Empower Wisconsin | Jan. 11, 2021
By John Daniel Davidson
After the pro-Trump mob stormed the U.S. Capitol on Wednesday, Twitter blue-checks, politicians, and elite corporate journalists wailed and rent their garments in outrage. But they weren’t really outraged.
Yes, the breach of the capitol was appalling and disturbing. Most people didn’t see it coming and were understandably shocked when images of MAGA bros fighting capitol police began popping up on social media (although the authorities should have been better prepared, most of all D.C. Mayor Muriel Bowser, who had earlier rejected offers of additional law enforcement.) There’s no question the protesters who decided to riot should be prosecuted, as all rioters everywhere should be.
But elite outrage is not really about what happened at the capitol—about the “sacred citadel of our democracy being defiled” and so on. The outrage, like almost all expressions of righteous indignation from our elites in the Trump era, is performative. It is in service of a larger purpose that has nothing to do with the peaceful transfer of power and everything to do with the wielding of power.
Specifically, it’s about punishing supporters of President Trump. If the pro-Trump mob can be depicted as “terrorists” and “traitors,” then there’s almost nothing we shouldn’t do to silence them. Right? Rick Klein, the political director at ABC News, said the quiet part out loud on Thursday when he mused (in a now-deleted tweet) that getting rid of Trump is “the easy part” and the more difficult task will be “cleansing the movement he commands.”
That’s not the kind of language you use when you’re in the business of reporting the news. It’s the kind of language you use when you’re in the business of social control.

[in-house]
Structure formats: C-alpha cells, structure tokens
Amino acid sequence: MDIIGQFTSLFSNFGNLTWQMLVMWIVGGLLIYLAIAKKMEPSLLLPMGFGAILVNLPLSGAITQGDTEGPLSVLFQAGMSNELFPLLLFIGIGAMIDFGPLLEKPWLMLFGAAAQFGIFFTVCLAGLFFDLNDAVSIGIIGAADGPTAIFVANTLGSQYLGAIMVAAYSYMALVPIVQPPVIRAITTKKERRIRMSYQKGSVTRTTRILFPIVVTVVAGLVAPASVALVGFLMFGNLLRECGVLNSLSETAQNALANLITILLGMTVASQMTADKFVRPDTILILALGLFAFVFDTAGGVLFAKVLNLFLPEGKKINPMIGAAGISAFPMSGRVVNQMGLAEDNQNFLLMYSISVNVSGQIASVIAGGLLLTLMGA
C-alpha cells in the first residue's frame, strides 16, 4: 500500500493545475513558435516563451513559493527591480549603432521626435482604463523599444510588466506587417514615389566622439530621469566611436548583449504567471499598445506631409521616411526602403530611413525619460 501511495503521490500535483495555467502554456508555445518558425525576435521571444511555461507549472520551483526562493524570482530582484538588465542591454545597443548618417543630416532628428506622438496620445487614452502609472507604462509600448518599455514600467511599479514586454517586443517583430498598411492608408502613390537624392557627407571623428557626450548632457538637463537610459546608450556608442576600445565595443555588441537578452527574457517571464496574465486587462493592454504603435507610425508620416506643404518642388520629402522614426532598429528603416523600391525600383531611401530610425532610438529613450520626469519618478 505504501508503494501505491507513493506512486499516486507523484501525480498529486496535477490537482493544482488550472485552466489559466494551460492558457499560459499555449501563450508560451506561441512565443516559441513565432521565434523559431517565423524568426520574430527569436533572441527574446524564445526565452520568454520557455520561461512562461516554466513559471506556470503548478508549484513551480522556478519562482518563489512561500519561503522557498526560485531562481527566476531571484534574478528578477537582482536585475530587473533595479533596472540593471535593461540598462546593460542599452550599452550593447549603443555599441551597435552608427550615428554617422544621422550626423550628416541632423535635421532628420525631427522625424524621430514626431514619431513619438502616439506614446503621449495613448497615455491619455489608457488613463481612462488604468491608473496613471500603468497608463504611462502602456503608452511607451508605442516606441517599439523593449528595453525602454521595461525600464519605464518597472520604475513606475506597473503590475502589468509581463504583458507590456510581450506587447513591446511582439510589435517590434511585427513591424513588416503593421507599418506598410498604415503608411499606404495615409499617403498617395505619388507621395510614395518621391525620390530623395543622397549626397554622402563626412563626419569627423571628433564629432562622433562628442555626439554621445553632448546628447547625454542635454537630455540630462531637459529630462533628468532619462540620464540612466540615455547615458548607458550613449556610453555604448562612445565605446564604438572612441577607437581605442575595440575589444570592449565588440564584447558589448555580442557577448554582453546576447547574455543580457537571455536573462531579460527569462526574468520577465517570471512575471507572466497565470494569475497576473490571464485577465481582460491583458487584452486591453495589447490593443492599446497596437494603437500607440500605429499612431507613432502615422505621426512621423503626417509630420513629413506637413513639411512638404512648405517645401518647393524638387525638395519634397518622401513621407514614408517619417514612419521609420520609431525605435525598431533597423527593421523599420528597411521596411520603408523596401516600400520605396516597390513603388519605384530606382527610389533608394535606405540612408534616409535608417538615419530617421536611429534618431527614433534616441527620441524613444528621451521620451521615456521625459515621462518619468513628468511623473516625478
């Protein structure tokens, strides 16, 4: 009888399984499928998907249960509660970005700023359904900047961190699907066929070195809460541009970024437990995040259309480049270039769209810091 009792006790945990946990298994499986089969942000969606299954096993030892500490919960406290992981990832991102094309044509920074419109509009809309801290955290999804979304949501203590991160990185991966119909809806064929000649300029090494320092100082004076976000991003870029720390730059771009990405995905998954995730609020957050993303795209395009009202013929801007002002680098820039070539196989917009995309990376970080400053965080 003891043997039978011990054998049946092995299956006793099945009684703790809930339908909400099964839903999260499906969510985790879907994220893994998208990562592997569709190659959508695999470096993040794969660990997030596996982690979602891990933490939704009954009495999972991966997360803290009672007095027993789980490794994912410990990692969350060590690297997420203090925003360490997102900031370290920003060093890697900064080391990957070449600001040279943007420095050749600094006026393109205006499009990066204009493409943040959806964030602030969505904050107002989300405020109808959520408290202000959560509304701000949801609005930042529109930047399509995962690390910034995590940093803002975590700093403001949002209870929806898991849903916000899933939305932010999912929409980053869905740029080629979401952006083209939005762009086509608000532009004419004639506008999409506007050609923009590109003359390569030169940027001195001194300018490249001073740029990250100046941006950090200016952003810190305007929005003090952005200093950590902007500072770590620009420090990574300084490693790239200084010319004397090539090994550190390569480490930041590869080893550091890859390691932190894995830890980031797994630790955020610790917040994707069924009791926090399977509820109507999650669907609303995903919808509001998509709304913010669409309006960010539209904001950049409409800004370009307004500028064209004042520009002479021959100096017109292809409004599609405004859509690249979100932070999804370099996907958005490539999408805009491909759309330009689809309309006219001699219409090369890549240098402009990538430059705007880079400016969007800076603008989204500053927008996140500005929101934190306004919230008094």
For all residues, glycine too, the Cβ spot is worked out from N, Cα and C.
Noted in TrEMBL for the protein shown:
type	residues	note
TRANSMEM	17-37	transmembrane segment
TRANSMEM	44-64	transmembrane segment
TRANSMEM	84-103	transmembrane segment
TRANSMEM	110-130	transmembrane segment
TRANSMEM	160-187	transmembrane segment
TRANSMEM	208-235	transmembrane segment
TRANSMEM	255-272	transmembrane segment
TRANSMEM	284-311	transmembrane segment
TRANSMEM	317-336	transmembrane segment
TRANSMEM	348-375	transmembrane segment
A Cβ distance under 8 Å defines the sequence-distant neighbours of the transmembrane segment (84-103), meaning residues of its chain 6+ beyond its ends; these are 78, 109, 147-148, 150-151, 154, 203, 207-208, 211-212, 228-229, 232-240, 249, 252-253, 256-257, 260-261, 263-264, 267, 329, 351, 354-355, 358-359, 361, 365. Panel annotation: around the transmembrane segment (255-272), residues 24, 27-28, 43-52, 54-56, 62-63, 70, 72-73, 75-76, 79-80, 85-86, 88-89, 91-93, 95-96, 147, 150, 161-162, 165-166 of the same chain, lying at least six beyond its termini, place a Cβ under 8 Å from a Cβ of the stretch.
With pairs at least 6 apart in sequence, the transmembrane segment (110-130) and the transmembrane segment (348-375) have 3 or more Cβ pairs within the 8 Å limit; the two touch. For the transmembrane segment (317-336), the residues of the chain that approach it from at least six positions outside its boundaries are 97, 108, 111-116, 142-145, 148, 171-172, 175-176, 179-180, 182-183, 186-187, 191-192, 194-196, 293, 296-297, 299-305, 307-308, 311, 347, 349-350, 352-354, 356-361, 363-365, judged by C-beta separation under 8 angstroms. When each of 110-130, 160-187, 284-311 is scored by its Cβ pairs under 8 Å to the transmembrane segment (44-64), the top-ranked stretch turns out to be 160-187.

A lot of people on the right have noted the supposed hypocrisy of media elites like Klein, but it’s not really hypocrisy because Klein and his comrades don’t really have a problem with violent mobs storming into buildings and smashing windows, so long as they agree with the mob’s agenda. That’s why corporate media was so tolerant of much larger and more dangerous mobs destroying American cities for months on end last year. When Black Lives Matter rioters stormed city halls and police stations, burned down churches, and ransacked shopping districts in major U.S. cities, killing dozens and destroying livelihoods, the media offered support for the rioters’ cause, which they invoked time and again to justify their criminal acts.
That’s why CNN’s Chris Cuomo said, “Please, show me where it says protesters are supposed to be polite and peaceful.” That’s why his colleague, Don Lemon, compared the riots to the Boston Tea Party, saying, “This is how our country started.”
That’s why Rep. Alexandria Ocasio-Cortez argued “the whole point of protesting is to make ppl uncomfortable.” That’s why incoming Vice President Kamala Harris urged her supporters to contribute to a fund to pay bail for militant anarchists who set fire to Minneapolis. That’s why reporters at MSNBC and CNN described fiery, riotous scenes as “mostly peaceful protests”—sometimes while buildings and cars burned in the background.
Read more at The Federalist.